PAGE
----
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Editorial: Review could lead to fixes for district drug testing program

 

July 11, 2017



It’s great to her that our School Board and district administrators are taking a fresh look at their drug testing program for high school athletes, as reported on page 1 in today’s issue.

The policy was approved by the School Board in May 2016 and high school staff began testing last fall, developing a strict set of procedural guidelines to make the testing consistent throughout the year.

In case anybody’s wondering, we want to make it clear that in no way are we suggesting that any recreational or self-medicating use of drugs is OK.

However, the predictability of last year’s program has prompted concerns and we’ve questioned how effective the inflexible penalties for violators last year could be in actually stopping drug use.

We say this in the context of the harsh realities posed by poverty and family disfunction in our high school hallways.

Under the policy, every athlete was tested each season. Those who test positive could be suspended from competition for up to two weeks, according to the school’s athletic code.

For a second offense, they could be suspended from competition for eight weeks or the remainder of the season, whichever was longer.

For a third offense, they could be suspended from games for a year. That amount could be reduced to one season by completing eight weeks of counseling outside SHHS.

The suspension may be carried over from one season to the next.

The policy’s goals, according to the district, to provide for student safety and health, to undermine the effects of peer pressure and to encourage participation in treatment programs for students with substance abuse problems.

We get it that some teens might be so desperate or uncaring that they’ll do drugs no matter what. Maybe they shouldn’t be playing sports. We realize that the realities here can be harsh.

We also understand that some may have figured out ways to game the system.

Those comments, previously reported, from athletes that the testing should be more frequent didn’t come from nowhere. And the option of making tests more random could be pretty effective in discouraging athletes inclined toward cheating.

We get that the system has to be fair and balanced, that administrators and coaches can’t play favorites. But we also know, from lots of exposure to the high school through journalistic and parental activities, that that many kids who probably most need the healthy focus that sports provide are the ones most at risk and liable to be penalized by this system.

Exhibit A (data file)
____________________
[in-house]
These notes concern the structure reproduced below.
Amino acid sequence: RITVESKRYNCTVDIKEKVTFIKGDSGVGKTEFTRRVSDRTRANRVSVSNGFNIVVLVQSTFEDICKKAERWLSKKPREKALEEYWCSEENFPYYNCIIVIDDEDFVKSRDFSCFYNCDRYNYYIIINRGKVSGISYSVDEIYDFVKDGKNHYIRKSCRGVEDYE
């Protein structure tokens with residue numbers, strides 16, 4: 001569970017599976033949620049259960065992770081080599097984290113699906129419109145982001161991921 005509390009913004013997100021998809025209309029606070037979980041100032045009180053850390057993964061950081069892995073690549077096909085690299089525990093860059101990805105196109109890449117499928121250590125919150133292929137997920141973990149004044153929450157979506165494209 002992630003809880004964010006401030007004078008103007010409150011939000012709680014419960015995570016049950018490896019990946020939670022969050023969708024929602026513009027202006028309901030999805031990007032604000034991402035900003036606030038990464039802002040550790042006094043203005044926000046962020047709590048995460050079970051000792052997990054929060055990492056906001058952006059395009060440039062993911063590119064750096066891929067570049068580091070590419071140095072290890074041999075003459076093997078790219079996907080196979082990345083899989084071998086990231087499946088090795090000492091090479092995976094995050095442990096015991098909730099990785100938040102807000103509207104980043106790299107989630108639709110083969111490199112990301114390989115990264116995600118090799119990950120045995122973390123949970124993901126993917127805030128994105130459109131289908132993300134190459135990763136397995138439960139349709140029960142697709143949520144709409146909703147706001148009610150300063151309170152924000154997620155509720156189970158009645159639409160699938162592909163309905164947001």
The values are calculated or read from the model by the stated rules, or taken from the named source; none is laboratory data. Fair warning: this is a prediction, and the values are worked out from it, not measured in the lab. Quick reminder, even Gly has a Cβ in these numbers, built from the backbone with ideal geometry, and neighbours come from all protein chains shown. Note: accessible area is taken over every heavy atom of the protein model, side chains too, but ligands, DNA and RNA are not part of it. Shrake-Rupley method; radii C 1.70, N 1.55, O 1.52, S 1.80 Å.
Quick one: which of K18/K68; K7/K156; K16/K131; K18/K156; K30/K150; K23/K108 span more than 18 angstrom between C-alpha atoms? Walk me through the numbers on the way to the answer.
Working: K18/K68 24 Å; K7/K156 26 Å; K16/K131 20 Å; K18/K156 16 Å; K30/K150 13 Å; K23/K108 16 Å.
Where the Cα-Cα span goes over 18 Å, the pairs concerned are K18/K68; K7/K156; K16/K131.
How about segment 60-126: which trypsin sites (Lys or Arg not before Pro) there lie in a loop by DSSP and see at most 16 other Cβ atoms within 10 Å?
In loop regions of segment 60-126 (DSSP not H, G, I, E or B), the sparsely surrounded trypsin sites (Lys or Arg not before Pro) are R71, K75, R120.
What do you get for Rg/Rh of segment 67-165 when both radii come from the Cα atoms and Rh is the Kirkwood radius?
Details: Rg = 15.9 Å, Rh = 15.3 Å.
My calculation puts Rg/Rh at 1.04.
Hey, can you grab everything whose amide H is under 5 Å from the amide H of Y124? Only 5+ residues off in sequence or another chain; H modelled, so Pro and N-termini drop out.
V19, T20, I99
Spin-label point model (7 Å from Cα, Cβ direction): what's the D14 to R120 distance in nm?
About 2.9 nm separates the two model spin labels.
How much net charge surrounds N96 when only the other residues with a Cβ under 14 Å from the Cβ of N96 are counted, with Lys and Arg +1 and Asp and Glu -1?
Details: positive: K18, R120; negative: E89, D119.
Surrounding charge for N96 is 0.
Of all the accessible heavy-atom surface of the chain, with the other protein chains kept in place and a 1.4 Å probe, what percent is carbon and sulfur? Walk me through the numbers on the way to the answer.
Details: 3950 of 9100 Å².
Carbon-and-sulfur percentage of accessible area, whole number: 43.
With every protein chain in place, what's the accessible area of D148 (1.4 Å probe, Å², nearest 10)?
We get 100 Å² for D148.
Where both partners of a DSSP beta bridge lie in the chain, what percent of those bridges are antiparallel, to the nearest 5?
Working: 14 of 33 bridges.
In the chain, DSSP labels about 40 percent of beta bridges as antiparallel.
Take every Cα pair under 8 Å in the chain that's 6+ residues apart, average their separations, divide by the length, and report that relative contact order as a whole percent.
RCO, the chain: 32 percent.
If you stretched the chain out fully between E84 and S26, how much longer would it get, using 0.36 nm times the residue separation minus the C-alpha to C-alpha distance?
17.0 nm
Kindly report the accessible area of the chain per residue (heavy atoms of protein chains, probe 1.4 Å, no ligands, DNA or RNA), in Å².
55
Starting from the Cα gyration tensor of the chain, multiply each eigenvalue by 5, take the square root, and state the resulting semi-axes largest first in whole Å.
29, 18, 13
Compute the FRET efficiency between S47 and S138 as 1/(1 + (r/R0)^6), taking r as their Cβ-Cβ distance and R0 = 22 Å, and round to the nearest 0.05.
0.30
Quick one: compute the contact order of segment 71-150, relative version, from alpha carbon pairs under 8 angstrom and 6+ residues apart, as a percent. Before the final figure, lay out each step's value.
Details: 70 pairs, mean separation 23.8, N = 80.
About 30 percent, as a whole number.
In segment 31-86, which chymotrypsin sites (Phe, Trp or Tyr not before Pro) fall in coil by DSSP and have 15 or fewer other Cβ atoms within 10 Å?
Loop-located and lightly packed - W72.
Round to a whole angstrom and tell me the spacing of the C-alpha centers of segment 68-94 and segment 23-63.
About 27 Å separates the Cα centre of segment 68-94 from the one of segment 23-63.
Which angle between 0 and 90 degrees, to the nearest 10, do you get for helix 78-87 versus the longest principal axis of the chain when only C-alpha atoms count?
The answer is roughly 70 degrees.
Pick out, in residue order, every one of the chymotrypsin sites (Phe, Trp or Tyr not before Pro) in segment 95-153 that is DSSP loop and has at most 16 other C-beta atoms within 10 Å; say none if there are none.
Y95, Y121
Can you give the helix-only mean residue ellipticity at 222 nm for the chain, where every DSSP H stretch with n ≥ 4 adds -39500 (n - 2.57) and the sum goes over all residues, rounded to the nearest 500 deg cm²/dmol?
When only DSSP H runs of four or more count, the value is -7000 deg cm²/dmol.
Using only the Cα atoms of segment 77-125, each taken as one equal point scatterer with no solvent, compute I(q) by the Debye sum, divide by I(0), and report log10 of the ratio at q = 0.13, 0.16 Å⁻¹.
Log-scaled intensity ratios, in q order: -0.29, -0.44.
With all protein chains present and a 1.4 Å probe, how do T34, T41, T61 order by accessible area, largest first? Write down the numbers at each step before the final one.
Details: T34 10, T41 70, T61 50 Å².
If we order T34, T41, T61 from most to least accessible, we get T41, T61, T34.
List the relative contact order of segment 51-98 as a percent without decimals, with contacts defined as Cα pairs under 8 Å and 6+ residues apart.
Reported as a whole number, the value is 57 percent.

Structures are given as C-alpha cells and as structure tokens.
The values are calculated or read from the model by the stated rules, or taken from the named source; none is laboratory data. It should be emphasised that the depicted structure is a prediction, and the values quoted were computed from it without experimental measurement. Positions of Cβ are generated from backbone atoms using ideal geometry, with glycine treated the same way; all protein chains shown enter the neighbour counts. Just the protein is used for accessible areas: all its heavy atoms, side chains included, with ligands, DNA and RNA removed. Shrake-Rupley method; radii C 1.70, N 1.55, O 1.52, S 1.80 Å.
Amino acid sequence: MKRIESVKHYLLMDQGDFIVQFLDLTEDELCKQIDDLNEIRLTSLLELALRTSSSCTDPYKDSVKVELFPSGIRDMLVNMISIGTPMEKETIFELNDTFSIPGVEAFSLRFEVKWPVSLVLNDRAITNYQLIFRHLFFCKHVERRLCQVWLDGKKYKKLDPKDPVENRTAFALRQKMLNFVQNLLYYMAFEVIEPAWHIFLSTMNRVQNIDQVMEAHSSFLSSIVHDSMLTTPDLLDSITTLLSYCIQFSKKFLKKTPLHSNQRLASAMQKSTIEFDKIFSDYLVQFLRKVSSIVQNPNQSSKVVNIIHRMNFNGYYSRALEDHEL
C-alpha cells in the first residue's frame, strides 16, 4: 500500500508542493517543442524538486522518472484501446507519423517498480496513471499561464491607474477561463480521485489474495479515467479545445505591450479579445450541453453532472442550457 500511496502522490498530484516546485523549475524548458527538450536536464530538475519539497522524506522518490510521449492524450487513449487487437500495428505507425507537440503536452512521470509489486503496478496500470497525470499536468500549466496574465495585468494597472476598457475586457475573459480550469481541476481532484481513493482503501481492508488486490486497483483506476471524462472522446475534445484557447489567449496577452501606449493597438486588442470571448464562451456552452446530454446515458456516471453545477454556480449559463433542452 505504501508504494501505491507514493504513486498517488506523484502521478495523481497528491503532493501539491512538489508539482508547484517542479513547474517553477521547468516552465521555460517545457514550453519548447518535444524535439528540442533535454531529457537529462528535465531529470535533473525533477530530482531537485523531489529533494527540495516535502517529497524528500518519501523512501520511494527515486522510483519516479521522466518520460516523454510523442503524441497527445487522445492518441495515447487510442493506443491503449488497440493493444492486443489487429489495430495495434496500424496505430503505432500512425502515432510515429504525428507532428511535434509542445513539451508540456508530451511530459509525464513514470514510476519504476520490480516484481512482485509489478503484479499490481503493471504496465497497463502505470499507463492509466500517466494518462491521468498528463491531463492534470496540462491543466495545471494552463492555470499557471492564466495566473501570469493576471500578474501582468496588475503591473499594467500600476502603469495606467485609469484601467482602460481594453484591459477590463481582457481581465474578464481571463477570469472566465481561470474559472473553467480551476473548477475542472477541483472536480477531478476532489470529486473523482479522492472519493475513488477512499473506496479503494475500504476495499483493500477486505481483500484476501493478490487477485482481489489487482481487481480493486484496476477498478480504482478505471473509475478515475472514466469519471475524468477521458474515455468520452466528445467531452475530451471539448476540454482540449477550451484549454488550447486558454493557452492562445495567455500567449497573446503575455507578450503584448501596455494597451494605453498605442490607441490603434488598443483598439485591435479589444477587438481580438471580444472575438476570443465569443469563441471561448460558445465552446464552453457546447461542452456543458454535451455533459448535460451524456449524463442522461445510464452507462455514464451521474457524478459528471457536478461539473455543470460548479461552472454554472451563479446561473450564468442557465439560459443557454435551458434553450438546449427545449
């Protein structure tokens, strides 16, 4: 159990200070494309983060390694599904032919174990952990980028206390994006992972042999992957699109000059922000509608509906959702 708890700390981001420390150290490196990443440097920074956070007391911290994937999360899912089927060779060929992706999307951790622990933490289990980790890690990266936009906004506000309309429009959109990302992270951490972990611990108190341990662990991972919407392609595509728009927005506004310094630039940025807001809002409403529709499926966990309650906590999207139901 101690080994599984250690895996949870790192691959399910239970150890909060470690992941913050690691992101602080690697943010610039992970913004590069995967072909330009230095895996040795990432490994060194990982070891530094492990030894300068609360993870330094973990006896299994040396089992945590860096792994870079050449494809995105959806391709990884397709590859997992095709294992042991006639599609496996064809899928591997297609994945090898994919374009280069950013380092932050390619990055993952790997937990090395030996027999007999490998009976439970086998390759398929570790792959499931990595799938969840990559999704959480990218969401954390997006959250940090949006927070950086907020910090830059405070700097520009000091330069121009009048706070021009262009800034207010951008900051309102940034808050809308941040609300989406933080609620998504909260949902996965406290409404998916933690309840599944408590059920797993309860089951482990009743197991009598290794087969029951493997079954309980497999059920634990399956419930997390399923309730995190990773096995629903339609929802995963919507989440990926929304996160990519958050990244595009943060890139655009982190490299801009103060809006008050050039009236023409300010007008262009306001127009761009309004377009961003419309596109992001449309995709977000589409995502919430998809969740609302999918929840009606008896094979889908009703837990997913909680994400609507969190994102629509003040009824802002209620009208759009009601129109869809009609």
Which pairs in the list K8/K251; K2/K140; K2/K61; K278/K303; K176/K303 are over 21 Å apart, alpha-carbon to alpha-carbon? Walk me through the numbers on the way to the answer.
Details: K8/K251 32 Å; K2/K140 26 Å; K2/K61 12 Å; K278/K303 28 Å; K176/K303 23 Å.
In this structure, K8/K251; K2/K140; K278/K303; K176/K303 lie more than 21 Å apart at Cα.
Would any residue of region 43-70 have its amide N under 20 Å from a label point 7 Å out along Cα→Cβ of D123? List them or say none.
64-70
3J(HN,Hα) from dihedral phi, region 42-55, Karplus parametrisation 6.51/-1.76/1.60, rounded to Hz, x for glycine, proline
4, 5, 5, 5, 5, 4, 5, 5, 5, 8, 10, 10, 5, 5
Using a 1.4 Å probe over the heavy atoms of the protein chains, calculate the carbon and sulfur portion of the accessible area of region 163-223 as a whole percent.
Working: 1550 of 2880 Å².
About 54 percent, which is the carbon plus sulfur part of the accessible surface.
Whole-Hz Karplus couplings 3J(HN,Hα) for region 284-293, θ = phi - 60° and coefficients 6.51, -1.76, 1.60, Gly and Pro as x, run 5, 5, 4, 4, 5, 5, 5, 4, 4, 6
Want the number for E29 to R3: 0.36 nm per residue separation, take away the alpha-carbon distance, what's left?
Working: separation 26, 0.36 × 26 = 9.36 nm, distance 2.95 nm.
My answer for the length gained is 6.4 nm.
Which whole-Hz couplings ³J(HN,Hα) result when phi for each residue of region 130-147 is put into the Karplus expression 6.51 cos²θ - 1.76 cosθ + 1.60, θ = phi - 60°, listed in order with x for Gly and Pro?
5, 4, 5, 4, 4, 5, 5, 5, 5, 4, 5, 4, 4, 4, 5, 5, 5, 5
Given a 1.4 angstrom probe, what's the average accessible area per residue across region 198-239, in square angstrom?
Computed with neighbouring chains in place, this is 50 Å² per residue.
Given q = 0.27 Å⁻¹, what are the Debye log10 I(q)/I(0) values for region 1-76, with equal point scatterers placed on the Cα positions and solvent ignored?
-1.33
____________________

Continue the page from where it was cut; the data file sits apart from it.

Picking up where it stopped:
And if teens whose lives are already so screwed up that they feel compelled to indulge in fleeting but costly relief offered by illegal substances, which they’ve been told will not be good for them and could land them a lengthy suspension, what incentive is there to clean up their act?

None, really.

There are other options to the hard-and-fast system of penalties we had last year.

The School District’s drug testing program should include a way to get students who test postive for illegal drug use clean and back into their programs.

Those programs, as evidenced by the minuscule number of positive drug tests, are good places to positively influence the few student athletes who may be prone to drug use.

The drug testing policy so far has focused on finding drug users, penalties and helping them.

It should also focus on getting that back into positive programs that can help them be successful at life and perhaps avoid that difficult path into the world of drug addiction.

We like the idea of having someone, not closely associated with the students on a regular basis, administer the tests and we definitely like concept of keeping tests very random – anybody could be tested at any time.

Supt. Tom Yahraes said it right Monday night when he talked about finding new ways to get kids “back into the game.”

We appreciate the board and district administrators taking another look at this. Yes, it could be very effective for some students, but if it relegates others permanently to a wrong path, that’s not a winner.

 
 
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